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What Is Your Biggest Financial Concern Today?

This article was written by in Personal Finance. 11 comments.


I am preparing for a possible media appearance on a program broadcast across the world.

I’ve been reading a number of news stories as well as comments from readers in order to get a sense of what Americans are concerned about today. One of the biggest issues seems to be the so-called fiscal cliff. I’ve avoided writing about this topic as the discussions seem to be overly partisan, and when that happens, common sense seems to disappear. For a while, the tenor of the debate seemed to be that if politicians in Congress could not strike a deal, the world would end.

The fiscal cliff.

It now looks like the federal government is closer to reaching a deal regarding tax law changes and spending reductions before the deadline. Even if they didn’t, and the automatic elimination of the Bush-era tax cuts and spending cuts were to go into effect on January 1, everyone seems to forget that Congress and the President can continue to negotiate, and any changes can be put in place retroactively. The danger is that the stock market would crash and force the country into another recession.

If you’re in a place in your life where you’re investing for the future at least a decade away, investing in stock index funds right now is probably a good idea. The stock market stagnates or worse when there’s uncertainty, and there has been a lot of uncertainty with a government that has difficulty working together.

A month ago, I said it was time to go all in, when the market seemed to be reacting negatively from the election and the uncertainty that comes with a Democratic President butting heads with Republicans in Congress. Since that date, November 12, the S&P 500 index is up 4.85%. I don’t pretend to think that kind of progress will continue, nor do I think I can come anywhere close to predicting the market, but uncertainty and negativity create good environments for increasing the chances for a well-balanced stock portfolio to do well in the long term.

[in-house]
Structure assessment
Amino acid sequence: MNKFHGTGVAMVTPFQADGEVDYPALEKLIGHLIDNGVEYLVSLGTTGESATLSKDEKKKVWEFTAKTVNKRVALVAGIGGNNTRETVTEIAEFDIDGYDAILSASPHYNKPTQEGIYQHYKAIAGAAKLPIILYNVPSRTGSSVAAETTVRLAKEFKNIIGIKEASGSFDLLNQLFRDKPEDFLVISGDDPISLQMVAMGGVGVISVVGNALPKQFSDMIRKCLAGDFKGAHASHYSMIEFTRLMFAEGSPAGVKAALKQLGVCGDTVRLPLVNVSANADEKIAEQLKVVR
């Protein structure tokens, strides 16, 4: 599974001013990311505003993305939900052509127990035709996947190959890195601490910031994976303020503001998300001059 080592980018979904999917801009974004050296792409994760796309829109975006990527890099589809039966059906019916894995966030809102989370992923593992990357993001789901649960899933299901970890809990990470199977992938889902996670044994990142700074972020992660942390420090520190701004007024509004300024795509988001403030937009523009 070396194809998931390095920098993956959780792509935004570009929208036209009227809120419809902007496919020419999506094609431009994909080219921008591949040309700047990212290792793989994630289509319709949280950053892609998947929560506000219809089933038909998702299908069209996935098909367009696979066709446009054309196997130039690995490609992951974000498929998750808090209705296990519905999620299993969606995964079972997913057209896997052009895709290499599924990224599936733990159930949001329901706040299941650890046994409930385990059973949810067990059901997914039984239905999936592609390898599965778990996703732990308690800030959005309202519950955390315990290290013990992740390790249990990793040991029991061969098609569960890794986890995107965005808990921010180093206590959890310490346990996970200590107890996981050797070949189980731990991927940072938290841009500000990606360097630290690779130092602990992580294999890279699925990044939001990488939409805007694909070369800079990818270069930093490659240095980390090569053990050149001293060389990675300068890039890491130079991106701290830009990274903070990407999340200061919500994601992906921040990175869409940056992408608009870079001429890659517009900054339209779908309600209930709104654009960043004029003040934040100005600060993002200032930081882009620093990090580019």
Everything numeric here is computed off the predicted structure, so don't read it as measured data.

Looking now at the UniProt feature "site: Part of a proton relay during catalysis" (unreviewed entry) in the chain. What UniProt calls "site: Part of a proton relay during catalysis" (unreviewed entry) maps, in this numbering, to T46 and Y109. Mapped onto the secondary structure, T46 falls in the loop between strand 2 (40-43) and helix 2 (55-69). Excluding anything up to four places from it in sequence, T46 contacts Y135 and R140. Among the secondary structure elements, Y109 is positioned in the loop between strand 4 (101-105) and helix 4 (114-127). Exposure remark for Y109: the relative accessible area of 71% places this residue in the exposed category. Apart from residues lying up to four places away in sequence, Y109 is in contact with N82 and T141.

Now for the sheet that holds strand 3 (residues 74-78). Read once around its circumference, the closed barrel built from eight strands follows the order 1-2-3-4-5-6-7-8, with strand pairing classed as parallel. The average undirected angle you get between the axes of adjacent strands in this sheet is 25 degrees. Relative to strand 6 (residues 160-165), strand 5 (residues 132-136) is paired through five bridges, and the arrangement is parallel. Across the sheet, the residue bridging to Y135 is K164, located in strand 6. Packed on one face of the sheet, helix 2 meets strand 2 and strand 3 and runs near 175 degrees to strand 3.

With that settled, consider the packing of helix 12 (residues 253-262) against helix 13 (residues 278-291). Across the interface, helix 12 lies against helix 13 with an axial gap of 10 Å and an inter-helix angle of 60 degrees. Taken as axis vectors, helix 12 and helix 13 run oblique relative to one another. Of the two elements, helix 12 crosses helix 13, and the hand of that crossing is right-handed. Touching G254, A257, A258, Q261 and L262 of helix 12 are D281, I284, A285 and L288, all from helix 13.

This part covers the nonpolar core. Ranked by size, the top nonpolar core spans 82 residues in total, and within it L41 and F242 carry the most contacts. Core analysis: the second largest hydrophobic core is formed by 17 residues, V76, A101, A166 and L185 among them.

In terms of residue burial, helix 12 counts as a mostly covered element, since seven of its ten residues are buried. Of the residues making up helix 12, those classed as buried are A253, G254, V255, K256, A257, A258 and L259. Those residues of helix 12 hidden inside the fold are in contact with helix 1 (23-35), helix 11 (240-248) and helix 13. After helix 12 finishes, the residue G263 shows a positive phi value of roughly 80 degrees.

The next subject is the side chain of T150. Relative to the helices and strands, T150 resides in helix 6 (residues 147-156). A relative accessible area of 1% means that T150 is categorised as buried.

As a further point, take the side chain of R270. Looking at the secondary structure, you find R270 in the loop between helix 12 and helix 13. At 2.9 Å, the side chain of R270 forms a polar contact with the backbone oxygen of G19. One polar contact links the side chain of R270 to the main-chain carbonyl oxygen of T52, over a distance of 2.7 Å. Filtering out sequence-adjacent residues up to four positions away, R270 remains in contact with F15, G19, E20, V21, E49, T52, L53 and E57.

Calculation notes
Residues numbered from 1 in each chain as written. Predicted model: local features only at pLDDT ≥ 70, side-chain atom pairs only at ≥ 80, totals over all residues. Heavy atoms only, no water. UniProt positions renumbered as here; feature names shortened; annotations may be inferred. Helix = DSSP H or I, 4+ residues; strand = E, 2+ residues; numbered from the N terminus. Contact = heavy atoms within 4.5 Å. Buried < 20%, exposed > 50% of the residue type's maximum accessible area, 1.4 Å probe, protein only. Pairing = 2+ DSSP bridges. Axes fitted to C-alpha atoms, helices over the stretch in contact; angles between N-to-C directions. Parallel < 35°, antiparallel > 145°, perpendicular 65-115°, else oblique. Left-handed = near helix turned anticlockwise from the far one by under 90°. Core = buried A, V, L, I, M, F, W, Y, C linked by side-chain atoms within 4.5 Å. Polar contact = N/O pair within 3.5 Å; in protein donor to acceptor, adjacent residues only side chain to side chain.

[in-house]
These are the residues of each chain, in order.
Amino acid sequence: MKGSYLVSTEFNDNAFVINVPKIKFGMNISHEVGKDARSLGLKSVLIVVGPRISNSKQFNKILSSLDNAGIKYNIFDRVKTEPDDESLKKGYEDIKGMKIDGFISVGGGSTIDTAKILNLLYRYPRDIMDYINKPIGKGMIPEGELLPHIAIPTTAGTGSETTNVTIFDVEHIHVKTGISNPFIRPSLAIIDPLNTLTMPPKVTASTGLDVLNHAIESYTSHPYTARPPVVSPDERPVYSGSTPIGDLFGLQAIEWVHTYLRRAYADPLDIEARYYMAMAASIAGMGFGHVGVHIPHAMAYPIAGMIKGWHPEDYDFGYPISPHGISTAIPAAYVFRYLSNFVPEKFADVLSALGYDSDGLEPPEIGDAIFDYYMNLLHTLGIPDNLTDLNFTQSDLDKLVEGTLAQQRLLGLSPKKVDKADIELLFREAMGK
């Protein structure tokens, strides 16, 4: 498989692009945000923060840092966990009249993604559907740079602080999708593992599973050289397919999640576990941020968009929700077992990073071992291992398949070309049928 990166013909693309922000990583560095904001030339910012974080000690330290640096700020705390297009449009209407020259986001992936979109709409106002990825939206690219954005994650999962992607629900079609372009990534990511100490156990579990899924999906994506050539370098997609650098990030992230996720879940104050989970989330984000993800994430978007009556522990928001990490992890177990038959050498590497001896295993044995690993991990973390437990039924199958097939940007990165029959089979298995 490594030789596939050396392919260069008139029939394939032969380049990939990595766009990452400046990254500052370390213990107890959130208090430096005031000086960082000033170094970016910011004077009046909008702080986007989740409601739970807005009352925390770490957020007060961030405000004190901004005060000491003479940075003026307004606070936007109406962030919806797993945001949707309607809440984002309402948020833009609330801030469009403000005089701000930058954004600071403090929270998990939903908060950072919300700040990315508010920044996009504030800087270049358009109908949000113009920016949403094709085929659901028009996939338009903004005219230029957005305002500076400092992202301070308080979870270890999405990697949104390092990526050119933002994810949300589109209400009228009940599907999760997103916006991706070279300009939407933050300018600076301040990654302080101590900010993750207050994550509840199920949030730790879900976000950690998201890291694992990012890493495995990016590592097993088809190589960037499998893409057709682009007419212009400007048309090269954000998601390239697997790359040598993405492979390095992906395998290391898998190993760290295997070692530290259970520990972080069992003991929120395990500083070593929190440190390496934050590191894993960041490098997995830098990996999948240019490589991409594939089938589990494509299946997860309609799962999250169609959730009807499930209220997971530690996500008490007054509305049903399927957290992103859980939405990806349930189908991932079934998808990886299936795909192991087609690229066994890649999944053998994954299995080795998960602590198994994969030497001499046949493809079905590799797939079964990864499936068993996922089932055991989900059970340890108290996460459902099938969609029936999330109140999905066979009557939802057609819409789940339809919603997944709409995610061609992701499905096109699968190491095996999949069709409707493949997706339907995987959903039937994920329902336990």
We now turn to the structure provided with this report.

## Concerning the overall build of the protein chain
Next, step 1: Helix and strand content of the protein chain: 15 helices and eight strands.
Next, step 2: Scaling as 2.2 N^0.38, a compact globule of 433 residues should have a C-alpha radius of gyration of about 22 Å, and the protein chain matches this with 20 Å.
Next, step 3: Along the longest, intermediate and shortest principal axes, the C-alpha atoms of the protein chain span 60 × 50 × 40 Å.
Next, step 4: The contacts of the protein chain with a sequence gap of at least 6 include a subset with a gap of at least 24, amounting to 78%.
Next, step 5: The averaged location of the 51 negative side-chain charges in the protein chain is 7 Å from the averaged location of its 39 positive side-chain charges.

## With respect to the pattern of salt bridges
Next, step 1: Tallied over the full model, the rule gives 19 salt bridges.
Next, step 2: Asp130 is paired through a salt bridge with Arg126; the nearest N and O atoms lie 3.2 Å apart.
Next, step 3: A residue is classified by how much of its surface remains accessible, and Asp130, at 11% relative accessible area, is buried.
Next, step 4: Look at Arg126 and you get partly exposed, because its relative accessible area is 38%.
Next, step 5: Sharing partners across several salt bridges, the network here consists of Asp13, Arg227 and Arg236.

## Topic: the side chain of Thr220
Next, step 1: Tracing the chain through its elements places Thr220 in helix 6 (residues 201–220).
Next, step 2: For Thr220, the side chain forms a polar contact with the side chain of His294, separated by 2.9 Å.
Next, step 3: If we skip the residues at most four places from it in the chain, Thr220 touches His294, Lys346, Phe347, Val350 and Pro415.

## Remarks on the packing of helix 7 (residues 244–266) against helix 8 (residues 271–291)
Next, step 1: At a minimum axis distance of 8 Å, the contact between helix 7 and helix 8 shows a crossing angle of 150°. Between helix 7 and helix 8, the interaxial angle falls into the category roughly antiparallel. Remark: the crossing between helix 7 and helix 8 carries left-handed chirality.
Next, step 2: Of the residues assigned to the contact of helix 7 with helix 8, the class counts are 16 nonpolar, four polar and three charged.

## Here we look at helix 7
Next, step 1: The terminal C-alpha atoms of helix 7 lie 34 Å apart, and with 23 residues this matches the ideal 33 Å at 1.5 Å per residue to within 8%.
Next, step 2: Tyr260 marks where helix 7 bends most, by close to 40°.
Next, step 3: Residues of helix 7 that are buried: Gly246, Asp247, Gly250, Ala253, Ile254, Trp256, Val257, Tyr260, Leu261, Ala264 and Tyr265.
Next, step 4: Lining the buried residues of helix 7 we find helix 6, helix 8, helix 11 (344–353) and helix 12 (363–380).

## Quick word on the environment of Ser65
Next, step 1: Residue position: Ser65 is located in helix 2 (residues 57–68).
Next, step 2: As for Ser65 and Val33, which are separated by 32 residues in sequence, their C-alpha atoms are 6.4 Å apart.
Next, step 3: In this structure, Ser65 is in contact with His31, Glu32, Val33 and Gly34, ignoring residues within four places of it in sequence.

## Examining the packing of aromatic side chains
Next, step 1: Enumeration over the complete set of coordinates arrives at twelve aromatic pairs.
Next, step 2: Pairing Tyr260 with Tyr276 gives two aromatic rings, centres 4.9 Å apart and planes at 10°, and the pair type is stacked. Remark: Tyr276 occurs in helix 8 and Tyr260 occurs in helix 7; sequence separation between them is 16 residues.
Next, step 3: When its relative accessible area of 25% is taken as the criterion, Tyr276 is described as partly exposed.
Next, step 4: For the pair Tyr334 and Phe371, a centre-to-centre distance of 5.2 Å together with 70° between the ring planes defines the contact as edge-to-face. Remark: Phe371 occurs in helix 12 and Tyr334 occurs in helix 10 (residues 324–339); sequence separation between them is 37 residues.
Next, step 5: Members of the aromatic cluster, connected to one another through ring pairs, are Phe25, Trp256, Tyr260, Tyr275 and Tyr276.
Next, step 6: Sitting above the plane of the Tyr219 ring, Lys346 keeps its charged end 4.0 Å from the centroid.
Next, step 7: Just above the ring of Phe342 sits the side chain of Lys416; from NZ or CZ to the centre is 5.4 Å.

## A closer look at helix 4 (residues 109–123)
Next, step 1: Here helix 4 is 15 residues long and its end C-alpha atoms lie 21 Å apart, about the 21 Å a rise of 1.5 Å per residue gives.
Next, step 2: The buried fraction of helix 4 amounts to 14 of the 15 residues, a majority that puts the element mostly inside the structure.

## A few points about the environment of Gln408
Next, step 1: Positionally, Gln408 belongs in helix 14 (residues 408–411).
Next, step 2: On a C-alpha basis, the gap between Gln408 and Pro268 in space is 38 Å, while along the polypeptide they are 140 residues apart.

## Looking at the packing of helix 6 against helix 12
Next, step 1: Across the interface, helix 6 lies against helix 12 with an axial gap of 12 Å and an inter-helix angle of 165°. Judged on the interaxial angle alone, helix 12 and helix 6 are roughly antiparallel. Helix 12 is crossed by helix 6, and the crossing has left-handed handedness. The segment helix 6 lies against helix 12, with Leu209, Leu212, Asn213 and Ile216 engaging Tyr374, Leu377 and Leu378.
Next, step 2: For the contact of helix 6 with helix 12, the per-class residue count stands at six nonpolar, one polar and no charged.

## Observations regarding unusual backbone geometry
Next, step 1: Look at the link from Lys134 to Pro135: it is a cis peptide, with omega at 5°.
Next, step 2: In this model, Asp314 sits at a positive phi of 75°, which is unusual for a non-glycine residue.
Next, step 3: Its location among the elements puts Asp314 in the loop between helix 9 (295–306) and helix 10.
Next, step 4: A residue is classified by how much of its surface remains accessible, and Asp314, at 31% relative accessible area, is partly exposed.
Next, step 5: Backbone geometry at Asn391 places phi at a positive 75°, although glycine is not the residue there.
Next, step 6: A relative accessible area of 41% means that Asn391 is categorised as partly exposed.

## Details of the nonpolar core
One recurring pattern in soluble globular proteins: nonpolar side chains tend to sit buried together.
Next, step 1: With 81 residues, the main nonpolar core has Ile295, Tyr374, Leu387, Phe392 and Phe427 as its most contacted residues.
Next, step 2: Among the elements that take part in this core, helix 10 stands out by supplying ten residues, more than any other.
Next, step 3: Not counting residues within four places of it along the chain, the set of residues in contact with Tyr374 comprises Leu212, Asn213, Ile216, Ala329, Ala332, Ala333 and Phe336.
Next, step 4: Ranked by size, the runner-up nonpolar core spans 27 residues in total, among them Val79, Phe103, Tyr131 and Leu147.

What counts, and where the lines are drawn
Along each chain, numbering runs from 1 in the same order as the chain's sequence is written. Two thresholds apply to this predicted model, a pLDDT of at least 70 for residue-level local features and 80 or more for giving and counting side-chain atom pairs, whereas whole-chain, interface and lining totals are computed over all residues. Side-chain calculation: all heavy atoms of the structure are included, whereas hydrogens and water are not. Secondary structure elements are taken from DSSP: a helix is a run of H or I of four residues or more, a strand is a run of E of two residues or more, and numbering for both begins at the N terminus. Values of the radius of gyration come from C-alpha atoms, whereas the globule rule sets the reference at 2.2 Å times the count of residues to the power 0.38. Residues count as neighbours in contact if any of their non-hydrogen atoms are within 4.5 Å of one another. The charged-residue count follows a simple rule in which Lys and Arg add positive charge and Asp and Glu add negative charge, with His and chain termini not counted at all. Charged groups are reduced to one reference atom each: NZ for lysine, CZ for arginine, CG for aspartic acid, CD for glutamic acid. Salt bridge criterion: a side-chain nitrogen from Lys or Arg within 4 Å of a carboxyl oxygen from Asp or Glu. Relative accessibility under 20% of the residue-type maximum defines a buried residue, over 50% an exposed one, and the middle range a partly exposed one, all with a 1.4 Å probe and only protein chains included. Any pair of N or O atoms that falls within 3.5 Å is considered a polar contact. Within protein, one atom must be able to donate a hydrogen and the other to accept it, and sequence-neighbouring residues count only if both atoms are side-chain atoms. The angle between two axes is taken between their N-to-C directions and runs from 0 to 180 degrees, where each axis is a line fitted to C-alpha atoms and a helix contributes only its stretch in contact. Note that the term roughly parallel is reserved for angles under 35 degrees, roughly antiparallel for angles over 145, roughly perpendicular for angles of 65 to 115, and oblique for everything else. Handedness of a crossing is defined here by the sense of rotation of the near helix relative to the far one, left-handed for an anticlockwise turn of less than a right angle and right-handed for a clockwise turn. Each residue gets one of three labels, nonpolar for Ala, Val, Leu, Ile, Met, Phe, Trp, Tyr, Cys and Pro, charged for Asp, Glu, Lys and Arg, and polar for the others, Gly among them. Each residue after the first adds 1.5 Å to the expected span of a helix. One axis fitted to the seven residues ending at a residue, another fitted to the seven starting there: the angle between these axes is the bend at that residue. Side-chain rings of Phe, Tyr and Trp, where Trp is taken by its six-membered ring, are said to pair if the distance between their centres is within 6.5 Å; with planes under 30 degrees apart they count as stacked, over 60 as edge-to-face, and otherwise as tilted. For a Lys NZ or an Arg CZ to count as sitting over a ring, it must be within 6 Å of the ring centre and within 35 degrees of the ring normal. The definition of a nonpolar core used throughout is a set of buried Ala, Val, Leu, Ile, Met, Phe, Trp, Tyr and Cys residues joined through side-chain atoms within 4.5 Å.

Paying off holiday debt.

Big concerns right now are the holidays and the consumer spending associated with ensuring families are happy with their gifts and their experiences. The National Retail Federation releases figures on how people are spending, and the organization’s figures show increases over last year’s spending. Keep in mind the NRF exists, among its other purposes, to handle public relations for the retail industry, focusing on results that favor the industry and downplaying those that don’t. Regardless of the organization’s motives, if spending is up, credit cards will see higher balances. While there have been some improvements in the employment sector, salaries may not have risen enough to cover increased spending.

A concern for consumers will be how to handle leftover credit card balances when the dust settles after the holidays. Last week, I appeared on a HuffPost Live segment with a panel of experts to discuss holiday spending, debt, and credit.

The costs of healthcare.

Another concern I’ve been seeing expressed by the public is the cost of healthcare. I can’t remember a time when this was not a concern, though. I have my own healthcare annoyances to deal with. I currently have health insurance from COBRA, having been an employee of the company that purchased my business. The company changed its insurance company a few months ago, and the doctor I had been seeing is no longer “in-network.”

Looking back, I could have saved myself some trouble by switching healthcare providers and finding a new doctor who is “in-network.” I didn’t, and I decided to maintain a relationship with the same doctor I’ve had. Billing has become a complete mess, with the doctor’s small office unable to get the insurance company to pay claims. Somehow, I’ve been placed in the middle, trying to get some answers between the insurance company and the doctor.

Besides the time I’ve spent on the phone trying to help my doctor’s office deal with the insurance, the cost of coverage through COBRA is painful to my bank account. Individual health insurance is not cheap, either. Health insurance is a prized benefit when you can get it from your employer, but costs to the consumer don’t seem to be slowing down. Depending on your political leanings, you’ll blame the government or the insurance industry — very few blame the doctors and other healthcare providers — but regardless of the blame, the costs are still increasing at a pace never to be matched by cost of living increases.

What are your biggest financial concerns, considering the election, which is now behind us, and the start of the new year?